Rendille Proverbs in their Social and Legal Context

by Günther Schlee and Karaba Sahado

Köln: Rüdiger Köppe Verlag, 2003

Year of publication



The Rendille are a group of pastoral nomads who inhabit a large area of the arid north of Kenya, east of the Ndoto Mountains and Lake Turkana and mainly to the west of Marsabit. They mostly raise camels and smallstock. Keeping cattle is risky in the harsh conditions which prevail here. In recent decades, Rendille have settled as farmers on Marsabit Mountain and gone as labour migrants as far as Nairobi and beyond. According to the 1979 census they numbered 21,794 persons, and this number is steadily growing, although population growth might be lower than in some other parts of Kenya. They speak a language which is closely related to Somali. Rendille proverbs, like proverbs elsewhere, are often quoted to underline a legal argument, but they are mostly not coined to fit the legal context specifically and much less so a specific legal application.
More than 1,000 proverbs in the Rendille language were collected together with Karaba Sahado, a Rendille singer and poet who sometimes sells cassettes to the local programme in Rendille of Voice of Kenya radio station. Sahado occasionally uses proverbs for his song lyrics and shares my interest in the documentation and analysis of the shortest genre of ‘oral-literature’. The description and explanation of these proverbs to a European audience is made difficult by the linguistic distance between Rendille and European languages and by the strangeness of the cultural context from which these proverbs stem and to which they refer in multiple ways. Therefore linguistic as well as ethnographic explanations are required in order to transmit some understanding of their meaning.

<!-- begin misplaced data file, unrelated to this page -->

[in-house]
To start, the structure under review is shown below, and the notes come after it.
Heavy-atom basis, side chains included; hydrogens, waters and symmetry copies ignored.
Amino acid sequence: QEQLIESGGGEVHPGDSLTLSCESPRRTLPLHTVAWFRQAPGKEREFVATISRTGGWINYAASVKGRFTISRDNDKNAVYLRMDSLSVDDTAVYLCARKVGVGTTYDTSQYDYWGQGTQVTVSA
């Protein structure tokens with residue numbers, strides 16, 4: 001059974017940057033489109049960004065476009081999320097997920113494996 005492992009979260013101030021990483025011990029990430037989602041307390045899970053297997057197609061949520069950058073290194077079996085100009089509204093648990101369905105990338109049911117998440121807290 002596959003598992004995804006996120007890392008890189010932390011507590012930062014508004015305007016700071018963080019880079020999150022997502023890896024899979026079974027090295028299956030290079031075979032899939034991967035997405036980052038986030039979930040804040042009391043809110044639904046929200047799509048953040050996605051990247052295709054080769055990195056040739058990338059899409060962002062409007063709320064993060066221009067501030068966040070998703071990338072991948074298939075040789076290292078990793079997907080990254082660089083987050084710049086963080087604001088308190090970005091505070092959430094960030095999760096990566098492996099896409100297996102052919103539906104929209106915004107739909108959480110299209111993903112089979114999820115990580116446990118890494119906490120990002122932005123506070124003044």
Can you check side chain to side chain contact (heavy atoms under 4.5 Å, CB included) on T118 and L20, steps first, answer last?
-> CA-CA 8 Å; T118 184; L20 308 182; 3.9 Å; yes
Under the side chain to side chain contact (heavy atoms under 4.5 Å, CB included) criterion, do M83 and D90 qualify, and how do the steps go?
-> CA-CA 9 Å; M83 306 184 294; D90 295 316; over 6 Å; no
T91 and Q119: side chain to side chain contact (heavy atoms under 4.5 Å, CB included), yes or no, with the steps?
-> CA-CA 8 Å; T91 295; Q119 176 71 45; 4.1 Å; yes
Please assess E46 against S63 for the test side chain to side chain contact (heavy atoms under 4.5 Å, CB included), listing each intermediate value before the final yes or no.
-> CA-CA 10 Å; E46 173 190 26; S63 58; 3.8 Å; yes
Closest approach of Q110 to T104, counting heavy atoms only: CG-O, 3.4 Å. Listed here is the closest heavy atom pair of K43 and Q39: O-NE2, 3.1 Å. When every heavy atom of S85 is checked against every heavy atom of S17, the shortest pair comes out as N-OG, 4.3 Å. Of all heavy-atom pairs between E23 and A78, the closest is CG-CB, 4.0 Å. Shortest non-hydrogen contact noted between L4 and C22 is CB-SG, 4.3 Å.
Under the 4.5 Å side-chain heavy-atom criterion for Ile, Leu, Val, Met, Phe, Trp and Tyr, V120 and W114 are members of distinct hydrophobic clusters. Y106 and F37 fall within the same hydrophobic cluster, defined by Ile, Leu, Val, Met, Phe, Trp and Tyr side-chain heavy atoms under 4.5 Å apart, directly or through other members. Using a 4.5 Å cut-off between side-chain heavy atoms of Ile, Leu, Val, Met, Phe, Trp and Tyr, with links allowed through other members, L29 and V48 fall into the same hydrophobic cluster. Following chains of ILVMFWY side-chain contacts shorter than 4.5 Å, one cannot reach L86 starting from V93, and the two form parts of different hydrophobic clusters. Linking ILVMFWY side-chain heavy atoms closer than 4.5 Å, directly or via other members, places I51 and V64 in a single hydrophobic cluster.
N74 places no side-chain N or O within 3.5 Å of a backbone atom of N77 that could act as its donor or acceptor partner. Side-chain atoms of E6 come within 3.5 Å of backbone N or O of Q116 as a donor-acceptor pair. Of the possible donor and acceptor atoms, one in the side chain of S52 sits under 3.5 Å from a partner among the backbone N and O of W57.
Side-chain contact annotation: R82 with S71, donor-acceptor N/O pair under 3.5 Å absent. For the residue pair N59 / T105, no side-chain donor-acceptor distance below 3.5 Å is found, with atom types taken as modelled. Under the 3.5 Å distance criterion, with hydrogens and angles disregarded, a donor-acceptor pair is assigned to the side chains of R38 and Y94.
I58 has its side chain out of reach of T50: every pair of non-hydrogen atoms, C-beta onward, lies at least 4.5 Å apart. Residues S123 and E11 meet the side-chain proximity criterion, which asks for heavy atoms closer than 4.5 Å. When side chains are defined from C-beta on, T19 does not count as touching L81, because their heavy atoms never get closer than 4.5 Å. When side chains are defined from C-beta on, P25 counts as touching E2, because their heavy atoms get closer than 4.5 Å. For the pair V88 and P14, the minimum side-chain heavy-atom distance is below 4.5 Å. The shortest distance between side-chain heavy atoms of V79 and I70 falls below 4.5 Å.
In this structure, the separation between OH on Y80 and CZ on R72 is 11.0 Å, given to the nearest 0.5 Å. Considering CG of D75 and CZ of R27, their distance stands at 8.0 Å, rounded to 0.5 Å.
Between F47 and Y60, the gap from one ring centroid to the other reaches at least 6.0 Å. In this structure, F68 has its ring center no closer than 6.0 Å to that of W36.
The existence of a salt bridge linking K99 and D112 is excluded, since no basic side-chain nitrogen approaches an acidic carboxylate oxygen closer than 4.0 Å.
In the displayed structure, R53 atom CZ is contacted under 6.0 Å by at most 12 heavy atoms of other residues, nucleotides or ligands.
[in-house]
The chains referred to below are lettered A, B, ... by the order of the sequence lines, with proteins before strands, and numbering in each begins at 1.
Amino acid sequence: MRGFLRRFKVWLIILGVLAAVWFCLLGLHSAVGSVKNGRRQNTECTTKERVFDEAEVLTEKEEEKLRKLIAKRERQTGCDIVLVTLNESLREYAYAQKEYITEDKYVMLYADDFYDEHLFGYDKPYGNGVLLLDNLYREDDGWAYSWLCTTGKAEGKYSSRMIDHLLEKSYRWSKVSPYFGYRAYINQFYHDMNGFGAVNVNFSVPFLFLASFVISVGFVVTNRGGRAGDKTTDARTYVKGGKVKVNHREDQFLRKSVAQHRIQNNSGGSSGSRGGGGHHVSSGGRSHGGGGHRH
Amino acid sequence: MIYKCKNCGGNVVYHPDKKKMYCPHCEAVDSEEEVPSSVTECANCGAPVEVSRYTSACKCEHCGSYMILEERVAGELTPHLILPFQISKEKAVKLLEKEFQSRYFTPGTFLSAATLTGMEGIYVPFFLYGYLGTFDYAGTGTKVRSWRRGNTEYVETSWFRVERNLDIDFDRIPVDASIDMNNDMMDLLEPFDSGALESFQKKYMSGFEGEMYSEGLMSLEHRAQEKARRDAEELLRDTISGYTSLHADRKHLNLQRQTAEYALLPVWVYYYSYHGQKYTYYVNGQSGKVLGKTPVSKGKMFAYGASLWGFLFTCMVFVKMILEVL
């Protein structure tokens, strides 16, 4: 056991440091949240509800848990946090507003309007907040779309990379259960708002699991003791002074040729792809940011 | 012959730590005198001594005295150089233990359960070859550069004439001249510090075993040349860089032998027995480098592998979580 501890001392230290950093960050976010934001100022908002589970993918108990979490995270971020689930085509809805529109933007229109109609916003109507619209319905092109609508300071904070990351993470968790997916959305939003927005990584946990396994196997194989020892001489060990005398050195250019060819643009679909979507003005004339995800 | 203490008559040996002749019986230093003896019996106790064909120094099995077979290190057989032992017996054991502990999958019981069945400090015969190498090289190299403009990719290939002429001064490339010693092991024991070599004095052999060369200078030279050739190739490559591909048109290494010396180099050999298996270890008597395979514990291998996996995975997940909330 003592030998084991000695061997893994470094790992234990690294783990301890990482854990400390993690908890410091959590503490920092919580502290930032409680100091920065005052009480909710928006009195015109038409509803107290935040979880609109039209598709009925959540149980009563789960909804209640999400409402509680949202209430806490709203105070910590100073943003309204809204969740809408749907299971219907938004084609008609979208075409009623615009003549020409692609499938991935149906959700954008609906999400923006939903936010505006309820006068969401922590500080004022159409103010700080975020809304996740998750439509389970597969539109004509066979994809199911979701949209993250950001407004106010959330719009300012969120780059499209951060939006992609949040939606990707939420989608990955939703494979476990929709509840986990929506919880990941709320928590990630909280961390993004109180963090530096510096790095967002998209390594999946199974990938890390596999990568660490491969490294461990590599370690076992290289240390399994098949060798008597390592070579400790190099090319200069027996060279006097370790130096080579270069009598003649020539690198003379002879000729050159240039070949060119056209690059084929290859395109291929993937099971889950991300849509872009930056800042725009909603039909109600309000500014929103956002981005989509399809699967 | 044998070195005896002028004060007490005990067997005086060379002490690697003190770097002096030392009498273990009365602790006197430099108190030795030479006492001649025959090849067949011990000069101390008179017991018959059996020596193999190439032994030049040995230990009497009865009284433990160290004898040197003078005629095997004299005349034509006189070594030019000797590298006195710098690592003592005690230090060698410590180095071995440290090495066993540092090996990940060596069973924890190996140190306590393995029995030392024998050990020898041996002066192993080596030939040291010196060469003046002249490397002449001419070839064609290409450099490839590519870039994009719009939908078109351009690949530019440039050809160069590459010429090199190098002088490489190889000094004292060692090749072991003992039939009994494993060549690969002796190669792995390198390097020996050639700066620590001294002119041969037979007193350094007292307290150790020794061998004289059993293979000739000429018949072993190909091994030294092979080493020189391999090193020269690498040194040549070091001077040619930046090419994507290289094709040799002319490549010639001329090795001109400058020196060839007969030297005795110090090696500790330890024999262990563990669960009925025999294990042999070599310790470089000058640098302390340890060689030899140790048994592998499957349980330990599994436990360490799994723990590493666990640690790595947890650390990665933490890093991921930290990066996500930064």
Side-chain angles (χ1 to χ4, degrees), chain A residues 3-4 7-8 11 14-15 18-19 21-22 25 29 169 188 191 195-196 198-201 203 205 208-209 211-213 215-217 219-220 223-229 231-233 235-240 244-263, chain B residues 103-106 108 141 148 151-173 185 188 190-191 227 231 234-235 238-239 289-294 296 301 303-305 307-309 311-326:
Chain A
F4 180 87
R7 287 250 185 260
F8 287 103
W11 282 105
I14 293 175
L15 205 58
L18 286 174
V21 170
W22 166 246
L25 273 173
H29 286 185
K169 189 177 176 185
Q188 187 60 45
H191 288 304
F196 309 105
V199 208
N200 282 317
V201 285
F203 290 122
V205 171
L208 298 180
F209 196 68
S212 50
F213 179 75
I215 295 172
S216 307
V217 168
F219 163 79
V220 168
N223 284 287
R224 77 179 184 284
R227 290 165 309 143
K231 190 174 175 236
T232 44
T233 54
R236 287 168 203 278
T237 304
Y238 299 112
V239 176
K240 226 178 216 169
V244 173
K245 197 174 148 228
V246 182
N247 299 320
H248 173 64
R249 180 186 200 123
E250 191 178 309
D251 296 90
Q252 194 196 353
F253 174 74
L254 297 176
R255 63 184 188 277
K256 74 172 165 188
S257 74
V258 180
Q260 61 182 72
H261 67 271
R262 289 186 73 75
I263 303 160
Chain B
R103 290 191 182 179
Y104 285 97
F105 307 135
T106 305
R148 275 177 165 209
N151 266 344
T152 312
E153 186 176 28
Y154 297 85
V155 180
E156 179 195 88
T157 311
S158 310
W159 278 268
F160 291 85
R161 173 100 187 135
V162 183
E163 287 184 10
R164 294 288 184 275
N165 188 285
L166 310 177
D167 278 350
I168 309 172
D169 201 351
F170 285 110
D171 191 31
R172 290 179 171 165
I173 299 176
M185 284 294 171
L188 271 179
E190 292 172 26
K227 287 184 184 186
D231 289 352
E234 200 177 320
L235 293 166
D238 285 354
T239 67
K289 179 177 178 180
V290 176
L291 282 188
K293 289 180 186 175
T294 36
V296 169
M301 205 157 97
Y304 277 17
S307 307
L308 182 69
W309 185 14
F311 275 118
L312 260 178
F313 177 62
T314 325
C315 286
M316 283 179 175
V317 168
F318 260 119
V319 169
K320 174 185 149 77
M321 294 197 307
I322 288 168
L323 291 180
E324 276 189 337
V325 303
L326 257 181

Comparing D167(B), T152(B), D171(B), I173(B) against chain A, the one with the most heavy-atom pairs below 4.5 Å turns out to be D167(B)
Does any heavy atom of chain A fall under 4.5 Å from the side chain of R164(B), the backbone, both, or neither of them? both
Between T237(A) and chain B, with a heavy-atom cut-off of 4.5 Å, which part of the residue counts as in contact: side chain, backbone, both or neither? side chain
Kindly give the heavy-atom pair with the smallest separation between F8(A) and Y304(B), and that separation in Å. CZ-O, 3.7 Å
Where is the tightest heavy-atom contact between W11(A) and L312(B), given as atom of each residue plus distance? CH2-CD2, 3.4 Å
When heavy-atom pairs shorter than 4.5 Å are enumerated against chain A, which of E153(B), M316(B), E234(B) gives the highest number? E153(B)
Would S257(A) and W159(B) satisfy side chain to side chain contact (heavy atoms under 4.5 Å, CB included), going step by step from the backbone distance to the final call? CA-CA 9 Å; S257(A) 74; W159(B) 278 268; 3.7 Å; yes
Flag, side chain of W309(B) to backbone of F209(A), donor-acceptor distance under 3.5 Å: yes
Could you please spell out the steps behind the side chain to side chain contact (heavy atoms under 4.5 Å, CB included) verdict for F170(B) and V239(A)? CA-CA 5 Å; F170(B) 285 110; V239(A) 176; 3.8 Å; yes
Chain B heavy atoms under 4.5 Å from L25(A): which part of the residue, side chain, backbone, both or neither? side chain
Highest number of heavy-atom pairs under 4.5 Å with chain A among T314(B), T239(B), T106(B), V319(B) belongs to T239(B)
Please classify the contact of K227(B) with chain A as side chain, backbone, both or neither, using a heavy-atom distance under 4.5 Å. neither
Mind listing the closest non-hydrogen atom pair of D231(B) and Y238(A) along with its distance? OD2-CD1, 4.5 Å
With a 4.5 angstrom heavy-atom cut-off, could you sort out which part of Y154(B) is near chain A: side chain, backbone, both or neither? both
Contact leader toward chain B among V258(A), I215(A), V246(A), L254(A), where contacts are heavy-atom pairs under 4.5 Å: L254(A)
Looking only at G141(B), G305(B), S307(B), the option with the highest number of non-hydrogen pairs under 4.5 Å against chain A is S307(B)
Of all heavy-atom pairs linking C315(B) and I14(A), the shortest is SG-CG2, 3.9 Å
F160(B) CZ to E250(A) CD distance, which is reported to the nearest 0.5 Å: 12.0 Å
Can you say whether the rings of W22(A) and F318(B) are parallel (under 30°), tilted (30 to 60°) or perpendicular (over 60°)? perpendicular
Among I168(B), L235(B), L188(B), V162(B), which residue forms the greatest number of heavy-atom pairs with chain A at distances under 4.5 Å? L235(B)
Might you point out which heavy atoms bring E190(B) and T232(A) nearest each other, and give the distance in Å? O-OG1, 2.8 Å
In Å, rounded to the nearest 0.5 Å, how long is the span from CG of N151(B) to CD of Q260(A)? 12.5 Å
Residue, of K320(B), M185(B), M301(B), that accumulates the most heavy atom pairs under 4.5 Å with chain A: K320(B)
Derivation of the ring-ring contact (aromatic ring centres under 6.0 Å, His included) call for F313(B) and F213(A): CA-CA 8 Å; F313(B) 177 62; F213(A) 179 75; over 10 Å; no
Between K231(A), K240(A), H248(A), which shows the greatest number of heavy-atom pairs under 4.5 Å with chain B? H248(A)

In as far as linguistic transmission is concerned, we have applied a largely standardised method: the proverbs are (1.) submitted to a morpheme analysis, (2.) translated morpheme-by-morpheme and (3.) translated according to the standards of the target language, English. If the combination of these levels of translation does not adequately convey the meaning of the proverbs, then (4.) further paraphrases referring to the ‘meaning’ are given. Besides this, occasional lexical or grammatical explanations are given. The relatively broad rift between source and target language has made a translation which consists of several steps necessary, as it cannot be bridged in one single translation.
Communication is the stuff society is made of, and proverbs with their important rhetorical functions are at the core of social life. Also their subject matter is social. They recommend or criticise certain types of social conduct. A mere glance at the index at the end of the book, shows the frequency of value-laden concepts like elderhood (v. ‘elders’) or ‘respect’, in Rendille interestingly a Samburu loanword, inkaanyit.
All proverbs have a latent legal meaning and all c a n be used in a legal context. Many proverbs discussed or the examples given to explain them have quite explicit legal referents.

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